COP26 has of course also had the additional logistical challenge of occurring during a global pandemic. Aside from the initial one-year delay, travel obstacles, prohibitive costs, and health risks remain a severe concern. Many fear that these factors will result in the exclusion of representatives from low-income countries, vulnerable groups and other minorities, which resulted in calls from environmental groups last month that it should be further postponed.

Nonetheless, an extensive amount of diplomatic work continues amongst political leaders in the lead-up to COP26, as new developments emerge on almost a daily basis regarding the stances that countries are preparing to take. As co-president and host of COP26, the UK has had a particularly key role in demonstrating leadership, which it has done for example through the announcement of its own net zero climate strategy last week. At the same time, the credibility of the UK’s role may be called into question due to the government’s planned approval of the new Cambo oilfield in the North Sea.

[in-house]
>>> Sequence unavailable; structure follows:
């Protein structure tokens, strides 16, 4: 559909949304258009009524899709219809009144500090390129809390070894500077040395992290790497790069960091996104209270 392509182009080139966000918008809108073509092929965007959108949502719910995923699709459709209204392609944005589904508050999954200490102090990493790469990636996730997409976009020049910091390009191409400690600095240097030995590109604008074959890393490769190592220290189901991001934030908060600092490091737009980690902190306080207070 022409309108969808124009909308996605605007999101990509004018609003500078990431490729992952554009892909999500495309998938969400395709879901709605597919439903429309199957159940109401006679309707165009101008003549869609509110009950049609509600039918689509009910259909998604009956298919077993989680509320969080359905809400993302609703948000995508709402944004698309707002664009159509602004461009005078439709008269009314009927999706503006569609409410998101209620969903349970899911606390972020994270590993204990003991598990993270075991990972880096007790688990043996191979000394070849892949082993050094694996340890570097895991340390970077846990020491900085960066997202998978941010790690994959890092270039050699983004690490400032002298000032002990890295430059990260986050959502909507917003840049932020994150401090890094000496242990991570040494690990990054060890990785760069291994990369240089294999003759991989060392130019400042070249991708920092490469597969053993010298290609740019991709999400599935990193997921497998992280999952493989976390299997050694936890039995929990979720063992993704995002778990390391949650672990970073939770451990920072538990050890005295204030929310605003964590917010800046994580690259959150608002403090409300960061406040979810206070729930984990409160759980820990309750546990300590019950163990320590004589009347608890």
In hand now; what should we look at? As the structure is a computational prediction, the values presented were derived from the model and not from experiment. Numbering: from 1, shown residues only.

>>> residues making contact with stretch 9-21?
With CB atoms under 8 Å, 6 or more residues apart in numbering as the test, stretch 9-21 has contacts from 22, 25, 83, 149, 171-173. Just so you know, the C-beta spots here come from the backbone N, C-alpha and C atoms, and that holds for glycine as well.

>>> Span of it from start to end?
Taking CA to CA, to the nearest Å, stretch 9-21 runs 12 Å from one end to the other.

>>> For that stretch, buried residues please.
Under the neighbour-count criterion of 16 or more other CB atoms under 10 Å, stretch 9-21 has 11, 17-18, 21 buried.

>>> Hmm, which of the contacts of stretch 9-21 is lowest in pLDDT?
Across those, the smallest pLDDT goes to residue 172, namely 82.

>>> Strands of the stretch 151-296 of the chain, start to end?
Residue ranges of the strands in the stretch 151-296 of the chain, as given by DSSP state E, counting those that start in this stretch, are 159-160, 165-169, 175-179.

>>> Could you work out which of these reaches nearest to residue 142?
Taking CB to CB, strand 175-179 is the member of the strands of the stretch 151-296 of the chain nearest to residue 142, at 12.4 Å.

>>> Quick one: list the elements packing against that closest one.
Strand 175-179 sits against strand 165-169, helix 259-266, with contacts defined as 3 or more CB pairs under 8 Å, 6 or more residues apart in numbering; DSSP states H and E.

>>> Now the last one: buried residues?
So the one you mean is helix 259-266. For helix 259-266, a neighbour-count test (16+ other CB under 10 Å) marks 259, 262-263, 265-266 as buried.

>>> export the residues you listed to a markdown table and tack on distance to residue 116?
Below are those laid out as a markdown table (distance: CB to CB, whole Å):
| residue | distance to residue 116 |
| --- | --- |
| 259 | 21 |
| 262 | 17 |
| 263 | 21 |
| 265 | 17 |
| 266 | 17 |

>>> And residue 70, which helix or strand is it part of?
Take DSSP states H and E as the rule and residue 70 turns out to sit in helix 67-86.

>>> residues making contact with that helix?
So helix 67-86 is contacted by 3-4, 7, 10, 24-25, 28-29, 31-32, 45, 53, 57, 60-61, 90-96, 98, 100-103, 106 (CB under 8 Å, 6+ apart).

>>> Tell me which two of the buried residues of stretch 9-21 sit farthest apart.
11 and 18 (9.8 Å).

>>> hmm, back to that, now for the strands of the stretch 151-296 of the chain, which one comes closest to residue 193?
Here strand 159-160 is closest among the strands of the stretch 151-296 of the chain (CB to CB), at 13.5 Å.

Elsewhere, the US and China have been specifically called upon to find common ground with regard to their climate commitments before delegates convene in Glasgow, while reports that the Chinese and Russian presidents, Xi Jinping and Vladimir Putin, will not be attending have been met with disappointment. Previous optimistic rhetoric is now being replaced by doubt and concern about whether COP26 will achieve what it needs to.

We will begin to find out what the culmination of all these diplomatic efforts will be as the conference gets underway next week.

Writer Nicola Sharman is a PhD Researcher at the University of Eastern Finland. Her work forms part of the 2035Legitimacy project and will explore the legitimacy dimensions of international climate decision-making processes.